When Belgium authorities moved in on the offices of the Roman Catholic church to obtain documents did they do the correct thing? The world press recorded the operation on June 26: In an unprecedented move, Belgian police authorities raided the offices, private residences, and the graves of Belgian Catholic church officials who may be linked to the ongoing sexual abuse scandal.
Examining the Crisis
About 5,000 priests and religious brothers have been identified as credibly accused of sexually violating minors. Most of these men were unavailable to criminal prosecution due to statutes of limitation; some within the statutes are in prison. The rest are dead, have voluntarily left the priesthood, were laicized, are residing in religious communities with more or -- usually -- less appropriate supervision, or wait in limbo for the church to adjudicate their cases.
Many people, including bishops, date and label the "Crisis in the Catholic Church" to Jan. 6, 2002 when The Boston Globe began publishing its series about sexual abuse of minors by priests and revealing the conspiracy of bishops in covering up crimes. That was the flash point of a worldwide scandal. The crisis it epitomizes is more profound.
Read the full report here: Beneath the child abuse scandal
Examining the Crisis
Ron Westrum, professor of sociology at Eastern Michigan University, suggests that organizations react in a series of stages to “anomalous reports.” They are: 1) suppression, 2) encapsulation, 3) public relations, 4) local fix, 5) global fix, and 6) investigation of root causes. He came to his formulation through the study of the battered child syndrome that many people, even professionals, found hard to admit was a widespread phenomenon.
It is not difficult to match the trajectory of church response to allegations of hidden clergy sex abuse against Westrum’s model. It’s a good fit.
If the church is to emerge from the crisis of the clergy sex abuse scandal and cover up and enter a new day, rather than being permanently degraded and diminished by it, a vital project of renewal is needed. It would involve all Catholics -- laity, nuns and priests, including the hierarchy -- in an energetic search for creative and vital means of replacing patterns of domination and control with more cooperative ways of interacting.
Like all Catholics, I gratefully depend on the faithful ministry of the many good priests who serve the church. Yet I offer a broad critique of something central to their lives and identities -- the rule of celibacy. Many priests will recognize the truth of what I describe.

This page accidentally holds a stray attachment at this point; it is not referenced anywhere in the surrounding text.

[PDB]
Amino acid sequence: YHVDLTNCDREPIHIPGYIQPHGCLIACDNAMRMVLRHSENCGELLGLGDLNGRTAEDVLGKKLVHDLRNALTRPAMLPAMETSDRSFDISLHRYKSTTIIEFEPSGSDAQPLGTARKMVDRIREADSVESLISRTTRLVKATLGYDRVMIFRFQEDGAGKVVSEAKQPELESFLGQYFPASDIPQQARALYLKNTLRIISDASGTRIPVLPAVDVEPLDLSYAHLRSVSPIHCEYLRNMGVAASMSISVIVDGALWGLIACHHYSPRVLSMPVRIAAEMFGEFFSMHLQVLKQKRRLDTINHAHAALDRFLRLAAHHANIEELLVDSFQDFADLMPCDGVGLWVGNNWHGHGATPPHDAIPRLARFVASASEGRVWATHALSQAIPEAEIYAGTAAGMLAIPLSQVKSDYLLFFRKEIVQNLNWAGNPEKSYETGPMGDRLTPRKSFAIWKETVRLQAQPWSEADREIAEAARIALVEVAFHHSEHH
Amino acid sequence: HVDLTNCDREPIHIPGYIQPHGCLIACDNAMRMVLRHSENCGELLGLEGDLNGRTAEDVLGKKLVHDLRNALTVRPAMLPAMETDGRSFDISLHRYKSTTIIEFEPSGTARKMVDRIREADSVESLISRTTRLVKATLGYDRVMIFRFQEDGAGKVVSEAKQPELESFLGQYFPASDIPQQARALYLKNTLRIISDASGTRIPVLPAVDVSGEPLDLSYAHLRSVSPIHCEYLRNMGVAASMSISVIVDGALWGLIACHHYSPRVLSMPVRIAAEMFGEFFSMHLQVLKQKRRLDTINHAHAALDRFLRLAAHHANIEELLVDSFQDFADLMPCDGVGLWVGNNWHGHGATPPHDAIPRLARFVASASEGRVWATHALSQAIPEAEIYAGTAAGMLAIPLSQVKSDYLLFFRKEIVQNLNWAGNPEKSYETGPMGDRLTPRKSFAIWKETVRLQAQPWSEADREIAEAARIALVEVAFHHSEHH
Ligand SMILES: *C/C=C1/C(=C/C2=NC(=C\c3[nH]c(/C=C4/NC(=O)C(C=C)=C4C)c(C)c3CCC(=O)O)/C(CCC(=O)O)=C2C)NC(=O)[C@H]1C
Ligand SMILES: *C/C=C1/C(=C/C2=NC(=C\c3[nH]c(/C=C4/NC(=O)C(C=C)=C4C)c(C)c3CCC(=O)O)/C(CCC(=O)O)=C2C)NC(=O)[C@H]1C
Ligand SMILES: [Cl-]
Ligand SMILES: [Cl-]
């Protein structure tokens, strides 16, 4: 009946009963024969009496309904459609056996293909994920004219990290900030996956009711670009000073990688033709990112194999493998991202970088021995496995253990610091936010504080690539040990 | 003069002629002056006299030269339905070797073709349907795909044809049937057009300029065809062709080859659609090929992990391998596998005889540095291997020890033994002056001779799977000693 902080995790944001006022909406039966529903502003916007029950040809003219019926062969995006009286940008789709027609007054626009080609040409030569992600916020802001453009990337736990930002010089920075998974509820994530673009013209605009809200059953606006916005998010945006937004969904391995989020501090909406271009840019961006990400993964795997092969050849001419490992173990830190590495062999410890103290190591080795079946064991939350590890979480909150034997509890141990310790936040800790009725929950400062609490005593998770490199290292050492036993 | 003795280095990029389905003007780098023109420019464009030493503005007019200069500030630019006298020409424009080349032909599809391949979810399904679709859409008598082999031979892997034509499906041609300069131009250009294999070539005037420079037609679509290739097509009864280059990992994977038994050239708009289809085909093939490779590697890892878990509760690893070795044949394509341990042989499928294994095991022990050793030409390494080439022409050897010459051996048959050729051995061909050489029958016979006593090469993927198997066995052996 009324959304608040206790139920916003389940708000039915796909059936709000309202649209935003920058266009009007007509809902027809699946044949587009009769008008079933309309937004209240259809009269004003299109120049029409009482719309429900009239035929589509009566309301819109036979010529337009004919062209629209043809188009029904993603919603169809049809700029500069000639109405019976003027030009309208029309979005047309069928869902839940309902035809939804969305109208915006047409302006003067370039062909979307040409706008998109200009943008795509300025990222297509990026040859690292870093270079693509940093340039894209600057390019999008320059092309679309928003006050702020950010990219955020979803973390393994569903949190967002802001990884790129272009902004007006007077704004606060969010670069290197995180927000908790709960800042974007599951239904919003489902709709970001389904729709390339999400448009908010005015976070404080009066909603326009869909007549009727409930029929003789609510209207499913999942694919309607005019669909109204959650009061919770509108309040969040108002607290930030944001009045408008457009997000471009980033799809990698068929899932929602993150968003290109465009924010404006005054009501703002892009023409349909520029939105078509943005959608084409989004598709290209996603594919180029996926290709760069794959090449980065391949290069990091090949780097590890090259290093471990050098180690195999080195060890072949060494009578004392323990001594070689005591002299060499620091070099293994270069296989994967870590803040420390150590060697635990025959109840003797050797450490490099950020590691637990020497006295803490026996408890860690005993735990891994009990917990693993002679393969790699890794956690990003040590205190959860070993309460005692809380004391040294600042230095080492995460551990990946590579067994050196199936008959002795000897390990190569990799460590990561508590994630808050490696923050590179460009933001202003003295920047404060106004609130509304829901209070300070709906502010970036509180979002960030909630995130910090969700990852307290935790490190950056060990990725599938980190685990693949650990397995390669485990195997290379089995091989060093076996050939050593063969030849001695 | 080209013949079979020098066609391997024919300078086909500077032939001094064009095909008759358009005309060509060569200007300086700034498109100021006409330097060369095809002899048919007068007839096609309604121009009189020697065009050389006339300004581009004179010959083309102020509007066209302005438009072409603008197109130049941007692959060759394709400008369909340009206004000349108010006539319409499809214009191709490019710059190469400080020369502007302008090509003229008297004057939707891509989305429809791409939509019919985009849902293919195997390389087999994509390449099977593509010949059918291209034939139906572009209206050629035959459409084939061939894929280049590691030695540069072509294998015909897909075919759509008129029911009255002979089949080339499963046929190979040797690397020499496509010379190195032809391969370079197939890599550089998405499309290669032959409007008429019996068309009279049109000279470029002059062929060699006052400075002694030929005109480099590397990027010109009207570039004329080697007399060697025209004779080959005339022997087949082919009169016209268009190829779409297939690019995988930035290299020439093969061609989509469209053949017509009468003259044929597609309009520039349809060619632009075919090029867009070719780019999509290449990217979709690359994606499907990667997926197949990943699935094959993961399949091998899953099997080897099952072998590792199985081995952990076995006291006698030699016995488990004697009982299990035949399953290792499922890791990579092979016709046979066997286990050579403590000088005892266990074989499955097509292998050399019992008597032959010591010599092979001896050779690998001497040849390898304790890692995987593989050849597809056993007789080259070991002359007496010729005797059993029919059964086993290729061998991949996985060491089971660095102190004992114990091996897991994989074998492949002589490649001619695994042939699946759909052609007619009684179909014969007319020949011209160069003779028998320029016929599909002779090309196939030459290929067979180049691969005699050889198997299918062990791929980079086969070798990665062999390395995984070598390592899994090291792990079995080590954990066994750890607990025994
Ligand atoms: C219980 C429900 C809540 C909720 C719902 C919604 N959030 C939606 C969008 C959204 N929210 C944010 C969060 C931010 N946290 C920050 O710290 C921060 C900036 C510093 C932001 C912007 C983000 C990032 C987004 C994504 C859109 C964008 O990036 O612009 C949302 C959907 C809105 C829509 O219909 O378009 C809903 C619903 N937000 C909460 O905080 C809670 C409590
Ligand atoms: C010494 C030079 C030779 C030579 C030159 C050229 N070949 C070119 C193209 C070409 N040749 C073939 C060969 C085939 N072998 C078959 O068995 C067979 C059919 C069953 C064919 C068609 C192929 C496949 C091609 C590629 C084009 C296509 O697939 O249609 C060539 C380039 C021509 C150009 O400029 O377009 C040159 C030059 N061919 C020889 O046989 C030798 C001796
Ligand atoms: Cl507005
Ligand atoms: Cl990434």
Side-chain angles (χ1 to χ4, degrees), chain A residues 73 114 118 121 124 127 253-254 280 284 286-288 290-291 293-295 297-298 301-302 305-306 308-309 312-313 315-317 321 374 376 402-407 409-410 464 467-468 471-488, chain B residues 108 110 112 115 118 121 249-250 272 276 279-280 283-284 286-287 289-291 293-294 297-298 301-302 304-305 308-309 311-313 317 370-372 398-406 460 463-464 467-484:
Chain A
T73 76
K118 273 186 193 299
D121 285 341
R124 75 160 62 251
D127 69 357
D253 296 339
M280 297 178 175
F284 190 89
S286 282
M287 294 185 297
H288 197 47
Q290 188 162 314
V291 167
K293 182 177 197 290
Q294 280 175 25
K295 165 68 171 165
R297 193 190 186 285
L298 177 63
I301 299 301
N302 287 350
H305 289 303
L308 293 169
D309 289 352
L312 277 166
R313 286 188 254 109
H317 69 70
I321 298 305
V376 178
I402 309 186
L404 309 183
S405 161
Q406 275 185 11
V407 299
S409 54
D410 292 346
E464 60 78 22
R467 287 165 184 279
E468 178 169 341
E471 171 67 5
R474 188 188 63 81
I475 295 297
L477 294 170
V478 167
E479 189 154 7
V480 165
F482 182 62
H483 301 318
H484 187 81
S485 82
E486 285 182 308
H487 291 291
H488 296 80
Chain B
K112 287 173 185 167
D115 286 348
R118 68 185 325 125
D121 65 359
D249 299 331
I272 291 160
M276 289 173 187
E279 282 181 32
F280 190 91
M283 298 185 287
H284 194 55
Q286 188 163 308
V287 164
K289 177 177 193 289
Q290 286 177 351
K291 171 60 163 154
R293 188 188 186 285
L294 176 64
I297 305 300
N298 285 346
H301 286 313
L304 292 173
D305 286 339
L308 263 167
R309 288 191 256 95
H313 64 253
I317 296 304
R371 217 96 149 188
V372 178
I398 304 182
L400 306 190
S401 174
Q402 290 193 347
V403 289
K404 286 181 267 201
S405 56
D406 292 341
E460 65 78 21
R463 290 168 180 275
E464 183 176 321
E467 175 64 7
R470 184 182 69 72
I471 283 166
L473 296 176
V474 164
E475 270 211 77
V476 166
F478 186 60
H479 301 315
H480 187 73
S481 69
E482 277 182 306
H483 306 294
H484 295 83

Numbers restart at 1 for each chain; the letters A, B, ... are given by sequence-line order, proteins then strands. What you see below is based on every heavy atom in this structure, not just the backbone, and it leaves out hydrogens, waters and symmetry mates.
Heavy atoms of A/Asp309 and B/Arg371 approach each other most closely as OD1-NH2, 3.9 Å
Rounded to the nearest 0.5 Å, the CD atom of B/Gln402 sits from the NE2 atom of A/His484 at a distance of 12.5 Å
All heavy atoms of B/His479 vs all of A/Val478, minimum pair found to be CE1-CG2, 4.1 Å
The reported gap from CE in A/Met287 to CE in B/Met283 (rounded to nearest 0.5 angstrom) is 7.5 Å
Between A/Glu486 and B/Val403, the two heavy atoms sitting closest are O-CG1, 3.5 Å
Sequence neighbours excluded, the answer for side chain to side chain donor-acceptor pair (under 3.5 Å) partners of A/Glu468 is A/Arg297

I write from inside the question, having lived as a celibate seminarian and priest for more than a decade when I was young. In the Bing Crosby glory days, celibacy was essential to the mystique that set priests apart from other clergy, the Roman collar an “Open sesame!” to respect and status.
From a secular perspective, the celibate man or, in the case of nuns, woman made an impression simply by sexual unavailability. But from a religious perspective, the impact came from celibacy’s character as an all-or-nothing bet on the existence of God. The Catholic clergy lived in absolutism, which carried a magnetic pull.
Read Carroll's full commentary here: Mandatory celibacy at the heart of what's wrong
Theologian Yves Congar once said, “In the Catholic Church it has often seemed that the sin of the flesh was the only sin, and obedience the only virtue.” This dynamic dichotomy forms the linchpin to the structure of the entire clergy sexual abuse crisis currently embroiling the Catholic Church.
But the sexual abuse of minors by clerics vowed to celibacy is only the symptom of a system desperately in need of fundamental reconsideration.
Let me take you into a situation that illustrates the church institution's instinctive reaction to cover-up scandal. It was a workshop in 2000 for new Jesuit superiors. The presenter, a former provincial, was discussing the circumstances when a superior could break the bond of confidentiality between himself and the men he was in charge of. He said something could be shared with the provincial "If it was a matter of danger for the individual or to others."
The Roman Curia is the Vatican bureaucracy. Most people know little about the men who run the curia. But press coverage of the clergy abuse crisis is closing in on cardinals whose blunders in the clergy abuse crisis have begun to draw criticism from other Princes of the Church.
As words fire back and forth in the press, the wall of secrecy that traditionally surrounds the curia is showing cracks.
Miters somewhat askew, the recent queue of bishops from Ireland to Germany, and beyond stepping forward to offer apologies for sexual abuse by their priests is unprecedented for the European Catholic church.
Even as the apologies pile up and policies for dealing with abuse allegations are tightened and meetings with victims are promised, something remains amiss that takes the heart out of the bishops' mea culpa.